Go out and work hard to elect members of Congress and a president who can make that change. Members of the House are up for re-election in 2014, Sen. Patty Murray in 2016, Sen. Maria Cantwell in 2018 and the president in 2016. But until you elect a Congress and president who would repeal Obamacare, why not work to improve it? And maybe by the time that ever happens, you will come to like Obamacare.
Lee Bowen, Sequim
October 23, 2013 at 7:27 PM
Your article “Obama taps experts to fix online snags in care plan” [page one, Oct. 21] is interesting to me.
As a college student in my mid-20s, I am finding myself needing to sign up for my own health insurance at the same time as President Obama’s health-care reforms are taking effect.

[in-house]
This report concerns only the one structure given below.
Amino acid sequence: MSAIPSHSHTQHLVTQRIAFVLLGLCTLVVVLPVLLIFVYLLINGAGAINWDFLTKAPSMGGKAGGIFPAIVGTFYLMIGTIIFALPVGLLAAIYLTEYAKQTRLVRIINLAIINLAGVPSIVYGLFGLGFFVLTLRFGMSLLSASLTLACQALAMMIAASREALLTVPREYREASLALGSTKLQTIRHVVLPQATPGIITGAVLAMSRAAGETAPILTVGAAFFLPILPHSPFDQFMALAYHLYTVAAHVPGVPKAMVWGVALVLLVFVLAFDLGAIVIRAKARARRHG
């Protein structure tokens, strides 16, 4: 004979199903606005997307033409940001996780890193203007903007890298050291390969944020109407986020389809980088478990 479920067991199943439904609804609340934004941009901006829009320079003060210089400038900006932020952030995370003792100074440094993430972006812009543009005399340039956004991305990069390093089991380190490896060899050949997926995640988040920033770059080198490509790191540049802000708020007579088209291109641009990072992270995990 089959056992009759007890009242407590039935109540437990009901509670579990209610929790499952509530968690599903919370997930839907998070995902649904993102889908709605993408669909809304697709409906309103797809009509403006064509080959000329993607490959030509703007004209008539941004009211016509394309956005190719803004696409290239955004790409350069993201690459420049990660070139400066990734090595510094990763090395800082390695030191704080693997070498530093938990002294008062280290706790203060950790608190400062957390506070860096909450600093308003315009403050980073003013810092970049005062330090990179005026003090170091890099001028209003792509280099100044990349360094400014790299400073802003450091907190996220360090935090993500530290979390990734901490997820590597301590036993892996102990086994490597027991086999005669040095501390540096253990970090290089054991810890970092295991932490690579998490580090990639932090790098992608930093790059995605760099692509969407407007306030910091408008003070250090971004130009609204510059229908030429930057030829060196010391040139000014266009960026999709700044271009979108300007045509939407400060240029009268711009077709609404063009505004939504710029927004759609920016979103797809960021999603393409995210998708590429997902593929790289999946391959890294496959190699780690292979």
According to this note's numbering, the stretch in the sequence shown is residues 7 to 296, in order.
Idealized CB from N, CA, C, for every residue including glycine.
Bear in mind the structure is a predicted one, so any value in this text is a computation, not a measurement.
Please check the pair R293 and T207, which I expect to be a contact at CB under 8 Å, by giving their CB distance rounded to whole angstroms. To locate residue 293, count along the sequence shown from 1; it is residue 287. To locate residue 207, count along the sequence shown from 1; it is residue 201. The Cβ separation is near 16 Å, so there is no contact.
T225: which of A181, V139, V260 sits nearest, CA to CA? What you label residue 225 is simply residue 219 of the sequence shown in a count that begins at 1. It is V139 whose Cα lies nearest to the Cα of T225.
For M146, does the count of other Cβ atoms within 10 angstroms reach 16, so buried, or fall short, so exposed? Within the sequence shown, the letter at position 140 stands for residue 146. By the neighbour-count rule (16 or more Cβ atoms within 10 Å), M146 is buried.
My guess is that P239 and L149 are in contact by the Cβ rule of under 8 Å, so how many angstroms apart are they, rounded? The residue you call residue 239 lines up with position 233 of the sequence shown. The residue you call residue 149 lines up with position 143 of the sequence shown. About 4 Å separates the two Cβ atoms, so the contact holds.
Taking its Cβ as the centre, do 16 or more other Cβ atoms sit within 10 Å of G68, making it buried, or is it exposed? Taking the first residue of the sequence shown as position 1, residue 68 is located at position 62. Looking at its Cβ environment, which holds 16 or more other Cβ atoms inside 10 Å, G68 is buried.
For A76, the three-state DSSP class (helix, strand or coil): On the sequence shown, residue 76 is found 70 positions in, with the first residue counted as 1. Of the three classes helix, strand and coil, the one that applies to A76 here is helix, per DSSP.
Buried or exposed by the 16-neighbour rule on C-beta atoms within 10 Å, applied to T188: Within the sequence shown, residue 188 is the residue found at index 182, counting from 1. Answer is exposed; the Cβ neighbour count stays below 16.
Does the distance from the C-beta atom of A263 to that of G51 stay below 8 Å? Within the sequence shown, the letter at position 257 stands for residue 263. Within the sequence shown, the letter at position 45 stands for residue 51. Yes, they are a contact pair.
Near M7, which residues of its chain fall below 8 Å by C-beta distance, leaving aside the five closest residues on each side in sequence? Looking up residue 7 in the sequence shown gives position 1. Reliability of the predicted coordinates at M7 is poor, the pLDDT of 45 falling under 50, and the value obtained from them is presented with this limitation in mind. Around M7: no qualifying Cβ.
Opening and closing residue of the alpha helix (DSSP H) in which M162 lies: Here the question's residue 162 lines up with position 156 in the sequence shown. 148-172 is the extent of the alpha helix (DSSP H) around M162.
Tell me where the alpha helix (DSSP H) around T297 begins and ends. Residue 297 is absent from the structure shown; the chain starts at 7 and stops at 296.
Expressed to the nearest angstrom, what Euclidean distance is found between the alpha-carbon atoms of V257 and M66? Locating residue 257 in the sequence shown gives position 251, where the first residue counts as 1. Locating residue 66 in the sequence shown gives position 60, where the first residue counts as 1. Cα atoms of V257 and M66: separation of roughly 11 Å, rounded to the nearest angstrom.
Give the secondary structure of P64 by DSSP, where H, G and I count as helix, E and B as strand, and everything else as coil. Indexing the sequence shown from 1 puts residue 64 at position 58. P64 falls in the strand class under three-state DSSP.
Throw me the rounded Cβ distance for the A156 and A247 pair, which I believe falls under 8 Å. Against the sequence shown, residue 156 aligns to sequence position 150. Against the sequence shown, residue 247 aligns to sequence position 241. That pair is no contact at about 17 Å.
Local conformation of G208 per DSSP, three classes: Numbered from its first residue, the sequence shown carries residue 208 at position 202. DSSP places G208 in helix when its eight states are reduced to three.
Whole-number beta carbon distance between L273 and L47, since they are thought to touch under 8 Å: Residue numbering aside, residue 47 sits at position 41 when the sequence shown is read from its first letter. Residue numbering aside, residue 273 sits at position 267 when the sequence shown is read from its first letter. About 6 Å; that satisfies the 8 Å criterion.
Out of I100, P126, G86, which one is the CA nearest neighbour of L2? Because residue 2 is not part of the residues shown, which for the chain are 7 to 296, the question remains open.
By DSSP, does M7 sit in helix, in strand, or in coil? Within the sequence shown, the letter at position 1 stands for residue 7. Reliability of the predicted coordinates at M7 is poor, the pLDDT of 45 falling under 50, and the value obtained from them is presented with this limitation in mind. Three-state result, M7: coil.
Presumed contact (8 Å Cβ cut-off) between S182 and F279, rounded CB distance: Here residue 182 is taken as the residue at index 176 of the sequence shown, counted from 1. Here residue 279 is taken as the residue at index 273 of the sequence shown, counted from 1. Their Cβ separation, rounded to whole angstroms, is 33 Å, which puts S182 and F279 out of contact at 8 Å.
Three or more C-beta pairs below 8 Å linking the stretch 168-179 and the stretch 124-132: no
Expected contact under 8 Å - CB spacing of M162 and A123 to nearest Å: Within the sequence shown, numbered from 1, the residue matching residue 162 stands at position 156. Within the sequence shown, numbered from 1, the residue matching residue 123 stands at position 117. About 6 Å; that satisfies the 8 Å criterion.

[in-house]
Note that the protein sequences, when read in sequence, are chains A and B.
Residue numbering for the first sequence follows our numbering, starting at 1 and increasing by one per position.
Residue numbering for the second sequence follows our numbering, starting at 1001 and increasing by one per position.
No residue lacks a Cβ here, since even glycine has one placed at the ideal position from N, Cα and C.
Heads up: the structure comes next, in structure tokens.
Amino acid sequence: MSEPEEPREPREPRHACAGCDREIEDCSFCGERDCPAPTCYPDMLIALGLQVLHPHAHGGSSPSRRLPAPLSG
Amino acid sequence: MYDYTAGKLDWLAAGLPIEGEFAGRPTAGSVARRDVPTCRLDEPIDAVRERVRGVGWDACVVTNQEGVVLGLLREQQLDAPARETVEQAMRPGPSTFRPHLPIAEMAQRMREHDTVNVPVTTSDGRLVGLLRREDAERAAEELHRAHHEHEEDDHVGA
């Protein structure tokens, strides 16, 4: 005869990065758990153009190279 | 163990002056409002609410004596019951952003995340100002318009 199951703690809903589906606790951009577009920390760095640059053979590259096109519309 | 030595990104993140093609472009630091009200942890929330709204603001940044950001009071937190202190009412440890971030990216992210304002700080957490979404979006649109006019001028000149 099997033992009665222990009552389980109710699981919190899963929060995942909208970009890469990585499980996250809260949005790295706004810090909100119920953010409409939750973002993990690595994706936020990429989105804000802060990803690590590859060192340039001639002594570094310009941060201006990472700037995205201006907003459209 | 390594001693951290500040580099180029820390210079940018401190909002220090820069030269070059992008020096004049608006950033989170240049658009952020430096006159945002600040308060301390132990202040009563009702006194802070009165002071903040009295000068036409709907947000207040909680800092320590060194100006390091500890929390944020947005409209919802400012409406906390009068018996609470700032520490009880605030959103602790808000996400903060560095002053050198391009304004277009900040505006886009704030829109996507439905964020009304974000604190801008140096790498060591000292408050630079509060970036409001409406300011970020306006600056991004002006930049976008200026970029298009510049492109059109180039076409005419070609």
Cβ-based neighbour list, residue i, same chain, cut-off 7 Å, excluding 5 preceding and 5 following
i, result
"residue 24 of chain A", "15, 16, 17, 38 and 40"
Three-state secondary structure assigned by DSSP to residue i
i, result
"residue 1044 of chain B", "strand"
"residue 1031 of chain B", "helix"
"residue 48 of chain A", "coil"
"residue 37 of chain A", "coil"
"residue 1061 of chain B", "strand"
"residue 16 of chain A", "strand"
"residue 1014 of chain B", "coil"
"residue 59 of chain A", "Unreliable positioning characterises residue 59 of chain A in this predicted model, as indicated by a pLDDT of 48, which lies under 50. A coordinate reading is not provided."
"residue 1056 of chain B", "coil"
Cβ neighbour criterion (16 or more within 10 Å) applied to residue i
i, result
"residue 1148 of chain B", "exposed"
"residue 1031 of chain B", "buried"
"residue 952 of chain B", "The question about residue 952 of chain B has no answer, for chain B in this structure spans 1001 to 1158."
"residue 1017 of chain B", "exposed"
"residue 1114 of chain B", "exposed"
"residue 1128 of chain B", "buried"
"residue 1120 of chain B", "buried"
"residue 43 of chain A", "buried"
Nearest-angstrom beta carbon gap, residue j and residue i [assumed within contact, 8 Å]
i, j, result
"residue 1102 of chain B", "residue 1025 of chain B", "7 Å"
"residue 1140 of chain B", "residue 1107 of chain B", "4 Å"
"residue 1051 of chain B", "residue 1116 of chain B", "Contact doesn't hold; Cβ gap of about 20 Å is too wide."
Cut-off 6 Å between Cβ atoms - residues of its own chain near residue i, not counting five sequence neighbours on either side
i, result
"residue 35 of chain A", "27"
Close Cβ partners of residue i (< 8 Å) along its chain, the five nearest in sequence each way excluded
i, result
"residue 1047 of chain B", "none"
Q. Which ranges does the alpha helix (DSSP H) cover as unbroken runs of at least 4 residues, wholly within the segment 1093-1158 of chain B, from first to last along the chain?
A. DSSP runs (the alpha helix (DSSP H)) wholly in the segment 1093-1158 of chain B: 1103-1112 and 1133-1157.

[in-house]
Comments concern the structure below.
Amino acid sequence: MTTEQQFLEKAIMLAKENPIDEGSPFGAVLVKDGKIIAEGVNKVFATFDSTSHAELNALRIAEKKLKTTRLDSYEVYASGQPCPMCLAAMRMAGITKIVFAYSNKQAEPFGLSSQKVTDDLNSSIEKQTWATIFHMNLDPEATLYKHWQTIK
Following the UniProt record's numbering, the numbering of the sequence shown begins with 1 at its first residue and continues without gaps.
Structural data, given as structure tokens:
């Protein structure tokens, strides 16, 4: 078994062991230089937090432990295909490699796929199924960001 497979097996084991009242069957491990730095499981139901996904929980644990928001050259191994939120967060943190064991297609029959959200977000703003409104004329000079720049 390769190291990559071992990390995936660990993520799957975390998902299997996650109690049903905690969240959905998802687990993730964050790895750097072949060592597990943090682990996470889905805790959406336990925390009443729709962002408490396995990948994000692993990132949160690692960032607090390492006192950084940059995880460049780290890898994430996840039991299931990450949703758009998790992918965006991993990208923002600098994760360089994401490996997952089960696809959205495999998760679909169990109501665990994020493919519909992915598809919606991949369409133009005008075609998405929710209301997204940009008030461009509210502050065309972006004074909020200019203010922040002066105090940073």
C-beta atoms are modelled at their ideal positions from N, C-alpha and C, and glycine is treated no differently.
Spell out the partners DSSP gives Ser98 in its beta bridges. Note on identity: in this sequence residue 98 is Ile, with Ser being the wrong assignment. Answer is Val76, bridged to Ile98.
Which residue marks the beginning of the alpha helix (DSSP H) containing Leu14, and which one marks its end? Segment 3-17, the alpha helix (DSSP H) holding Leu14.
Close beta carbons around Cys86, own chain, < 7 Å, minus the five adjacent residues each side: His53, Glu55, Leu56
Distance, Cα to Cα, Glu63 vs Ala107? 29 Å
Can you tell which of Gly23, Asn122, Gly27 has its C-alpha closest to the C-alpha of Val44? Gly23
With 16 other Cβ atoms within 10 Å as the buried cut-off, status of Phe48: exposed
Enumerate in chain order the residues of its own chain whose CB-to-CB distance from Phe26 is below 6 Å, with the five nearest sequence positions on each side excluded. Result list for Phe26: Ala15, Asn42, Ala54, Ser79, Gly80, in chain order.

I had previously heard about the frozen computer screens and other software glitches that other people were experiencing as they attempted to sign up for health insurance, and was concerned about using the software myself. It is good to know that President Obama and his staff are doing the best they can to fix the health-care sign-up software as more and more people are looking to get signed up for the health-care exchange.
Kristin Ford, Auburn
October 8, 2013 at 7:31 PM
Hikes in price do not look promising
As tragic as it is, Paul Krugman’s column is most likely correct. ["Health-care reform is here to stay," opinion, Oct 6].
It is a sad day for many, even though several are still learning that truth Krugman used an already tired line regarding the Republicans and their fear of Obamacare’s success or failure. To this, it really is more a point of view rather than anything else. From the point of view of people I know, it’s a horrible failure.